By Joe Gruters
Republicans and Conservatives,
Predictably enough, the media is having a heyday with Gov. Rick Scott’s decision to accept three years of federal funding for Medicaid under Obamacare, suggesting flip flops and crass political maneuvering for re-election — moving to the center.
That is their spin. Some conservatives are understandably upset with Scott for not standing against the expansion on principle, feeling like he has betrayed them.
But here is a more full context. Painful as it is to admit, the Affordable Care Act, Obamacare, is the law of the land. With Obama’s re-election and the U.S. Supreme Court decision, the idea of it being overturned is now all but a pipe dream. However, if Republicans can win the White House and Congress, the worst parts may yet be able to be unwound.
And here is the point. The Medicaid expansion is not the worst part of the law. It was an existing program and the expansion is voluntary. Most states, Republican and Democrat, are going to accept the Medicaid expansion because it makes financial sense for the state.
While Obamacare overall remains unpopular — and Scott remains opposed to the law and its intrusive elements — the Medicaid expansion element of it is actually quite popular. It’s very popular in Florida, depending on how the poll question is asked.
About 1.3 million Floridians will get coverage, meaning billions of dollars will flow into the state’s already robust health care economy. That means jobs. Plus, Florida got a waiver it had been seeking to continue privatizing Medicaid for beneficiaries — an important conservative principle.
Is Washington, D.C. totally irresponsible fiscally? Yes. Out of control? Obviously. That question answers itself. But Gov. Scott has no control over destructive, spend-happy politicians in D.C.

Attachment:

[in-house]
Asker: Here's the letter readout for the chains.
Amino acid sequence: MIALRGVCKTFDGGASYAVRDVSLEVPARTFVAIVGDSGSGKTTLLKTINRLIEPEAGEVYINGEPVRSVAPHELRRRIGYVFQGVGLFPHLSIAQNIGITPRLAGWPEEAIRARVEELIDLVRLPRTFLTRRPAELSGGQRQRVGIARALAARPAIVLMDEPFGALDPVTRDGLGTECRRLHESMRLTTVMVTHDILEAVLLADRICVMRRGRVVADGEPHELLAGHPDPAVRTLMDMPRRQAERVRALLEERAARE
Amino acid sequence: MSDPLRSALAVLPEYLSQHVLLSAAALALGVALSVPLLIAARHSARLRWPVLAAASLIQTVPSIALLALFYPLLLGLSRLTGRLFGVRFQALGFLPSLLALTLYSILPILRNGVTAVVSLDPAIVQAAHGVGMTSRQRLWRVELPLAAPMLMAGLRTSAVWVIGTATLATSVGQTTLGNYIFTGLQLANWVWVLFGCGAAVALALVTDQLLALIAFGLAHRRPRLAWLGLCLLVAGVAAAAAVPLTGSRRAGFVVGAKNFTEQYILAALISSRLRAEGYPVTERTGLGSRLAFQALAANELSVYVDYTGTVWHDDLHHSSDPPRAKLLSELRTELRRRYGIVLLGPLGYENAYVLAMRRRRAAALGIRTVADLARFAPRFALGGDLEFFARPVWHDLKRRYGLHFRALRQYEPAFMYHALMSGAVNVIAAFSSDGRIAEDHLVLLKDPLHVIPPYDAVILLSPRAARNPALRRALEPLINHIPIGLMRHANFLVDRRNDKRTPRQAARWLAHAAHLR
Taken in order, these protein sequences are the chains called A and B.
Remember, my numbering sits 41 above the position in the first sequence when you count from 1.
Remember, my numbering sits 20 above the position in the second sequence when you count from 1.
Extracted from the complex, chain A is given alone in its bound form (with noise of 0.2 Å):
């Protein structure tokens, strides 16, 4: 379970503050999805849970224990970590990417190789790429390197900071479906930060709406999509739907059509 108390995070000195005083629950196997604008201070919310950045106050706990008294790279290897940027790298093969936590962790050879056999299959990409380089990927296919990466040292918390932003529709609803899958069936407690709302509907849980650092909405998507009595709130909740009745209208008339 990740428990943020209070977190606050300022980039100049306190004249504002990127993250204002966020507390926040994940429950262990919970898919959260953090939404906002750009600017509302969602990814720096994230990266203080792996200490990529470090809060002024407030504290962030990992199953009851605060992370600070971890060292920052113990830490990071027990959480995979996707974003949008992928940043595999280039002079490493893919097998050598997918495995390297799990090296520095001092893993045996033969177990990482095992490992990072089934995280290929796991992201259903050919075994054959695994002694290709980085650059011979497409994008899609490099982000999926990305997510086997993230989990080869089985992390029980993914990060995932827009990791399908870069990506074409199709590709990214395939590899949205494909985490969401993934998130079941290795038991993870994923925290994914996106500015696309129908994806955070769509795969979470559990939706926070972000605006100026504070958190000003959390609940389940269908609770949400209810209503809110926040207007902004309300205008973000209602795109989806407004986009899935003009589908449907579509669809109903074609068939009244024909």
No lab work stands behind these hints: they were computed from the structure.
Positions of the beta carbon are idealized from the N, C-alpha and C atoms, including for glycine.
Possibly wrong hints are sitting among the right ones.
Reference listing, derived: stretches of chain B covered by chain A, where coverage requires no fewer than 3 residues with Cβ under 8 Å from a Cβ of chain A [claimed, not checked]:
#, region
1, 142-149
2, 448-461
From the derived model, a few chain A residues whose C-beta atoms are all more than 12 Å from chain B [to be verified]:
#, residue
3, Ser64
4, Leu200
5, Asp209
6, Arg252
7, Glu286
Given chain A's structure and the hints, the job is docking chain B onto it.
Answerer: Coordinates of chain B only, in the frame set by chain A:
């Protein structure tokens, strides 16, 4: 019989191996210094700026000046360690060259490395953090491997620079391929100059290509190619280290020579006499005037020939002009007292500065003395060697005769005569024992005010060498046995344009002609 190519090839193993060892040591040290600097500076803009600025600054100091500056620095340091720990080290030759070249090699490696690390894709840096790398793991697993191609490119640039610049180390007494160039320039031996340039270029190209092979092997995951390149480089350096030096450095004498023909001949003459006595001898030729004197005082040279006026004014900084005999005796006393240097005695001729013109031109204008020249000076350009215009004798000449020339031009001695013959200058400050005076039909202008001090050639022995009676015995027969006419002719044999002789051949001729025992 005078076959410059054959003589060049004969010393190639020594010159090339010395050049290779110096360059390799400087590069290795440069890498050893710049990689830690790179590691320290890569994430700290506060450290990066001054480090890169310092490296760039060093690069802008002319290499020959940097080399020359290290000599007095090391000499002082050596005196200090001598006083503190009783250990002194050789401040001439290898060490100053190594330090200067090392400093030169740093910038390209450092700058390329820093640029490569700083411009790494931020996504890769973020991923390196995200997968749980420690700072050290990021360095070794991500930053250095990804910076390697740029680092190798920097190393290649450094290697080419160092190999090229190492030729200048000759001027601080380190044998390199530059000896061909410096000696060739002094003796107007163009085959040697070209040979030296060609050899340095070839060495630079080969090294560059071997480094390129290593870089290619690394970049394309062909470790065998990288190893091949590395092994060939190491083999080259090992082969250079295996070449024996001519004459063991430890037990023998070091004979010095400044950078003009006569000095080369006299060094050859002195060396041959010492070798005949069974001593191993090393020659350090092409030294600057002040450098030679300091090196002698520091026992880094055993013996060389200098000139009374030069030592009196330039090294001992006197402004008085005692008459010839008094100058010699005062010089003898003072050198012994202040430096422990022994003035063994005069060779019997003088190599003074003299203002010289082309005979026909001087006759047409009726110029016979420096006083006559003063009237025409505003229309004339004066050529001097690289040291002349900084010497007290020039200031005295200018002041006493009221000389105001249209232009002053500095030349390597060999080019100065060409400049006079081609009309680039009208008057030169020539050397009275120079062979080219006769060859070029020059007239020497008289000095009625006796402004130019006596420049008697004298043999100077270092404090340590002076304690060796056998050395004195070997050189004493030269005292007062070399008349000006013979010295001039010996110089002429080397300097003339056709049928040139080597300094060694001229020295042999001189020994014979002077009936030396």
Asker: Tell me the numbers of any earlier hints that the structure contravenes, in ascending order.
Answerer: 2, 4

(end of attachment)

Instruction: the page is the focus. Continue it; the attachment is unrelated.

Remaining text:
Hospitals throughout Florida routinely absorb the costs of providing health care to low-income people not on Medicaid who cannot or do not pay their bills. That drives up costs for everyone else and hurts hospitals financially. According to the hospitals, the Medicaid expansion should alleviate many of those costs while creating new jobs.
Scott has said that much of his opposition to the expansion in the past was based on the federal money running out after three years, and not wanting the state saddled with those expenses. A reasonable caution. But the state has the freedom under the law to back out in three years if the finances don’t work. That might be politically difficult, but if we work hard enough to get Scott re-elected, he will be in Tallahassee to make that call.
Further, because of the Governor’s tough and sometimes unpopular choices in his first two years in office, the state is now looking at a surplus this year — after having billions in deficits the previous years.
Scott does not get much credit in the media for balancing the budget that Gov. Charlie Crist left in shambles. He never will. But we know what he has accomplished with Republicans in the Legislature.
Scott’s own success with fiscally responsible decisions is what makes the Medicaid expansion an option now.
Simply stated: From a state point of view, the positives far outweighed the negatives:
- billions of dollars flowing into the state;
- thousands of jobs created;
- people getting health care that may not have;
- hospitals getting reimbursements they were not, making them healthier;
- and an issue taken off the table that Democrats would surely have demagogued.
Gov. Scott has done a terrific job with what he promised to do. Reigning in irresponsible federal spending was not among those promises.
Thanks for being informed and engaged.